Beauties and Beasts at MoPA
It was Rosa who suggested we check out the show. At first I was hesitant: I hadn’t been to MoPA in years, and the last few shows I’d seen had been all about the history of photography, whereas I’m more interested in contemporary photographic artwork. Not to say I haven’t found that there — I still remember the phenomenal installation-filled exhibition of Robert and Shanna ParkeHarrison’s show, The Architect’s Brother. That was in 2004, the same year David’s work was exhibited in the museum’s atrium.
Since then — aside from a handful of exceptions — I couldn’t shake the feeling that all the big donors had boners for history and process, or documentary and commentary, more than contemporary art. Which is all well and good, but I don’t want to see the world’s oldest photo as much as I want to be introduced to the latest artistic interpretation of the medium. But now I’m getting all art-speaky, so let’s drop it there and leave it at, I hadn’t been interested in checking out a show at MoPA for a while. But it seems there was a lot I’d been missing, as Rosa would inform me, and this Beauty and the Beast show was the perfect exhibition to bring me back into the fold.
One of my favorite parts of the exhibit were the video-art pieces. I love seeing new technologies being embraced by artists. Some of the ever-so-slightly moving still life pieces reminded me of the Geisha video art by Gerald Forster that David and I snatched up at Photo LA in 2007. Tech has advanced a lot in the decade since, and these pieces at MoPA were displayed in frames that were much flatter than our beautiful, but still clunky container (the only kind that effectively contained the DVD player within).
We enjoyed the interactive aspects of the show, though we could not for the life of us figure out just how far to hold those goggles in front of our faces to see the anticipated visual effect. Here you can see Kimberly trying. Rosa gave it a go, but it quickly hurt her head. I almost saw the 3D effect I presume was intended, but it wasn’t easy.
Perhaps my favorite piece was the bird in the cage. I didn’t manage to get a good shot of it (sorry), but I’m still going to share what I captured so you have an idea. This little video screen is perched inside a metal birdcage, and on the screen is a little yellow bird, looking back and forth and moving around on its perch. Somehow, seeing the video of the bird, instead of an actual bird, made the idea of its being imprisoned more palpable. I stood in front of this piece for a while.
We had some fun with another interactive piece, though the placement of it was odd, we had to bend it down so you could see our heads. The idea, as we understood it, was to take our photo with the option of superimposing animals over our faces. But if the only thing that fits in the screen IS your face, it’s just a pic of an animal head. I think the original idea might have been to have a full-body shot with the animal head, but who can say. To make the most of it, we took one of just our faces, and another with the animal faces. WAIT! I just had an epiphany while skimming over this for typos. I can’t believe I didn’t realize it then: we were supposed to stand further back, against the wall, which was a few feet behind us. That’s why there was an option for “10 seconds” when we pressed the camera icon. Because that would have given us time to move back and pose. D’oh!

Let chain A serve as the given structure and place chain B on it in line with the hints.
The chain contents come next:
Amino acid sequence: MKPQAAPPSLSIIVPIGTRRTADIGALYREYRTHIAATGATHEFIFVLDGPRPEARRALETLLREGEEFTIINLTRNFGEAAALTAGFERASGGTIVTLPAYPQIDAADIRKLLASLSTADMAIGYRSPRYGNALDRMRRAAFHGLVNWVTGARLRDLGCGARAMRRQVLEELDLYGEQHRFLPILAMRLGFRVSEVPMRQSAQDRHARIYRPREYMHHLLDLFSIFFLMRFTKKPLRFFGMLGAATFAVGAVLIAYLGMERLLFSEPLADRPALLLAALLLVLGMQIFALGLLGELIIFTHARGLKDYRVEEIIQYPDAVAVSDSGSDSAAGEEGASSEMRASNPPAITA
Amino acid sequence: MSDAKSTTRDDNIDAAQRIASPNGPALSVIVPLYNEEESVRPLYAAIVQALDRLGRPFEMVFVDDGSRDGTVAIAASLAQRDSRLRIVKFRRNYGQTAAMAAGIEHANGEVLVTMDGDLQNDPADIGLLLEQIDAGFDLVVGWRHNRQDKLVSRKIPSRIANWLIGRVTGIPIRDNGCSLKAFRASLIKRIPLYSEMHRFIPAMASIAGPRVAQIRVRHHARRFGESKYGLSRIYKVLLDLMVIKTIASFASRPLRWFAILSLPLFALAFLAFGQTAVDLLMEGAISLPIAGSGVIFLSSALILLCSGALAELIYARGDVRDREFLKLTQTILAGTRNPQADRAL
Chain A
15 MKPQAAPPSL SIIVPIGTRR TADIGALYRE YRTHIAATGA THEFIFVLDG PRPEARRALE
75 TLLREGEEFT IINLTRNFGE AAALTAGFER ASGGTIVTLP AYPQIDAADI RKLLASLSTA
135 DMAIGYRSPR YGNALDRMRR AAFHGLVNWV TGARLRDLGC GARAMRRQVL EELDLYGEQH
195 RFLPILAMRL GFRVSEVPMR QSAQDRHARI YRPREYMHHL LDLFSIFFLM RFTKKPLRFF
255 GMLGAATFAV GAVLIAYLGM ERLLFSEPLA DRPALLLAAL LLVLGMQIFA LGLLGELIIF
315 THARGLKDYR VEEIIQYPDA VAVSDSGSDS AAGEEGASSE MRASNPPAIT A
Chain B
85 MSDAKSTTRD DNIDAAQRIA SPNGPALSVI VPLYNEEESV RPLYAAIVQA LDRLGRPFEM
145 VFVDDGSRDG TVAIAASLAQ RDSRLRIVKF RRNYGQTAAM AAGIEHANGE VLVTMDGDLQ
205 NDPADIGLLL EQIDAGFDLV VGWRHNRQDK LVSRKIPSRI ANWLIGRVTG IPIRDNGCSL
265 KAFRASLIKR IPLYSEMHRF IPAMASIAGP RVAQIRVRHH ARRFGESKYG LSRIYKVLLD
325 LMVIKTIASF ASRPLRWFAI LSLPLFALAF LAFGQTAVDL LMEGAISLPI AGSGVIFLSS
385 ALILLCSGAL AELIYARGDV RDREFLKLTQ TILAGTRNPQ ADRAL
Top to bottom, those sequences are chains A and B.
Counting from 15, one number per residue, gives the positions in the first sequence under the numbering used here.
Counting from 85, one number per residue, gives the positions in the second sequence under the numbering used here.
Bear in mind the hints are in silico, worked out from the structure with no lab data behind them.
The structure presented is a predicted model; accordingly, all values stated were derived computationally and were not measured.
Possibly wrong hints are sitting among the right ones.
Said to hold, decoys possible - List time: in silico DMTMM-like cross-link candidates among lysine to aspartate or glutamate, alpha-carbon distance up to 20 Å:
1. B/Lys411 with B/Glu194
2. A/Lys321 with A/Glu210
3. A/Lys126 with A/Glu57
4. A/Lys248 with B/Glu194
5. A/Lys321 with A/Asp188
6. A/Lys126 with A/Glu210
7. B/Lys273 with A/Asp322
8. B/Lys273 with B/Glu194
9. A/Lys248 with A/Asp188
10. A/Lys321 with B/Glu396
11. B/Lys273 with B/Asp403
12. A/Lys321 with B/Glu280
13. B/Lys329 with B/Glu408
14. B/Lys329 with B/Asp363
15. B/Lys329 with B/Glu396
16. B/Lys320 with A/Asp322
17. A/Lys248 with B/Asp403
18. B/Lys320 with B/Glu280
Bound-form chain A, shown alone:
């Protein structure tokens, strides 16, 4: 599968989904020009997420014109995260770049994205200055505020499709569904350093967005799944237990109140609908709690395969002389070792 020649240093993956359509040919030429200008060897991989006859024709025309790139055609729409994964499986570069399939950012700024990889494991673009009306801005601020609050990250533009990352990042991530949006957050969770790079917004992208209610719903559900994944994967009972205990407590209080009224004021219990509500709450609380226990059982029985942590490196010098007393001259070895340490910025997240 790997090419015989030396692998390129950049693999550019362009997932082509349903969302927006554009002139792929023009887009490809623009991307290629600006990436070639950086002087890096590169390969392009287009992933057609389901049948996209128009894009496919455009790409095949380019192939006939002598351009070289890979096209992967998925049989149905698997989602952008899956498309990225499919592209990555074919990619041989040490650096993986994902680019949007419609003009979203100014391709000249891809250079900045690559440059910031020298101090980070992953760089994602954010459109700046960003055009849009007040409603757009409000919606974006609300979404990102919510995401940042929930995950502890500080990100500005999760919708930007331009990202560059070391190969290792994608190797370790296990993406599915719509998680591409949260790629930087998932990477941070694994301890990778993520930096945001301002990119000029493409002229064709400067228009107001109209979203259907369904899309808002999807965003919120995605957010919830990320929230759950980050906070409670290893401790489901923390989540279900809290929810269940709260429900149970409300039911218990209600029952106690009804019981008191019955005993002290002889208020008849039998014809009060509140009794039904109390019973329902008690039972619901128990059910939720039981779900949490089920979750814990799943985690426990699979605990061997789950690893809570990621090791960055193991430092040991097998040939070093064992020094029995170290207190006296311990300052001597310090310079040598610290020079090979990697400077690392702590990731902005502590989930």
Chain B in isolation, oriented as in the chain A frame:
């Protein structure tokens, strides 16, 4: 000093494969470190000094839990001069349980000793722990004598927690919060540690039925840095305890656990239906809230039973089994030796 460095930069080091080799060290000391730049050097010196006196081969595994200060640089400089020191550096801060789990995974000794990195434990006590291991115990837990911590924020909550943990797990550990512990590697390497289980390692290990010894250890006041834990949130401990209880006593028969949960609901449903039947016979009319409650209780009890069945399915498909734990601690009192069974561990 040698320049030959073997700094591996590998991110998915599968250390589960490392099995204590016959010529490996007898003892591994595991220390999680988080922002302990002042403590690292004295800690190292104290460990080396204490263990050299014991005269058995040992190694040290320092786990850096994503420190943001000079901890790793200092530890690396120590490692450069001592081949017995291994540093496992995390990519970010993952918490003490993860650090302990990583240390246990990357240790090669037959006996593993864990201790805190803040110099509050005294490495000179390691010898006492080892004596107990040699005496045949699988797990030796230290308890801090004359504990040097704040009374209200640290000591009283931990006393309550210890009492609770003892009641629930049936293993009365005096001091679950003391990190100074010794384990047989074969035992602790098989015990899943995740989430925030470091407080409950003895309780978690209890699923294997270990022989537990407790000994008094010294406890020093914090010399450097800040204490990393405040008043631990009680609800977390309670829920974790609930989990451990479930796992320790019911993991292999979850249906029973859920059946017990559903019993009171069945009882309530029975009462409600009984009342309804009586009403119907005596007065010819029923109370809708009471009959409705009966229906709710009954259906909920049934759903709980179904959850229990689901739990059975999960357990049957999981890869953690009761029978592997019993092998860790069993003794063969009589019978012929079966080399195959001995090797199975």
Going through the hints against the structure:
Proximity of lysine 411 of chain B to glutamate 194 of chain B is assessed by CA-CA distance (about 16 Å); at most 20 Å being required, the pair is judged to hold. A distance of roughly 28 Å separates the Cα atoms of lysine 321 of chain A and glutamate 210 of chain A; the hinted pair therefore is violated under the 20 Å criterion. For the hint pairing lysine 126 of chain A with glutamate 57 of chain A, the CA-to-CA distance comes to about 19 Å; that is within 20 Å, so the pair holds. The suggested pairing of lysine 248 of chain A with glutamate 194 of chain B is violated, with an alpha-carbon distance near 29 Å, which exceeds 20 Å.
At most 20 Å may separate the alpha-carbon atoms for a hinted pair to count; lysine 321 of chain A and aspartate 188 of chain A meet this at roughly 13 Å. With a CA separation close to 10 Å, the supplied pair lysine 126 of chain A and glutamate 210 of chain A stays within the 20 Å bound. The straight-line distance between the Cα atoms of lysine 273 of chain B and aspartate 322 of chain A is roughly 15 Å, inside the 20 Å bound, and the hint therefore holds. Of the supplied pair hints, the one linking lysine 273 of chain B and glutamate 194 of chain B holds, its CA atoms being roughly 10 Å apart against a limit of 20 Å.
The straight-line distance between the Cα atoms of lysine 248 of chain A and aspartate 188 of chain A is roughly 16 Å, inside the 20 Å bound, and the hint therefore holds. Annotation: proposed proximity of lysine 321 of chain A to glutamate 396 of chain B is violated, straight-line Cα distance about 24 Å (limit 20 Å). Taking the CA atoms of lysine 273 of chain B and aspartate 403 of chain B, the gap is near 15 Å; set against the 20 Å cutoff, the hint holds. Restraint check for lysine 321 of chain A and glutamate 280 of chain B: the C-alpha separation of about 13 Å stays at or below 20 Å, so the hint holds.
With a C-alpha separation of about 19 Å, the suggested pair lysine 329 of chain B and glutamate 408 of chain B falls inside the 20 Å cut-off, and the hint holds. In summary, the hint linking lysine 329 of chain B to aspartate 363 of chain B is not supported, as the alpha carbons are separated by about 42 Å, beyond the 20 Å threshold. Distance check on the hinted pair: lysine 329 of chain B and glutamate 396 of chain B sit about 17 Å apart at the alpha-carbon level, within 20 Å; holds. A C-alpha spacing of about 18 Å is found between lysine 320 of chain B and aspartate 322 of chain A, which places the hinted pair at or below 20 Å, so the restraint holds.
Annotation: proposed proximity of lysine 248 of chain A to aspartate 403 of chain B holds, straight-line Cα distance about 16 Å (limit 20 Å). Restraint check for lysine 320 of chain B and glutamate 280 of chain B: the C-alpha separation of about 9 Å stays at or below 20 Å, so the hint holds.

One super-fun aspect for me was seeing all the gallery names I recognized on the tags, as many of the pieces were on loan for the show. I went all know-it-all by giving histories of different ones, and artists I recognized, mostly because I was impressed with how much I’ve gleaned over the years through osmosis. But then Rosa bested me by sharing information about certain artists I was amazed to learn (this one here is not a photo of a person, but a collage of features, and other insights). When we finished ogling the exhibit, we happened into a side gallery, and Rosa pointed out a bunch of cool interactive exhibits there, such as the moving reflection and actual 3D images we COULD see, at which we marveled.
We especially enjoyed reading all these thought-provoking quotes throughout the space.
After the show, we ambled over to Panama 66, to relax in the shade by a small pool and take in the warm afternoon breeze. With cocktails, wine, and a bunch of food. Cuz that’s how we do.
When all was said and done (and sipped and nibbled), the consensus at the table was that we were all interested to see what the next show at MoPA might be.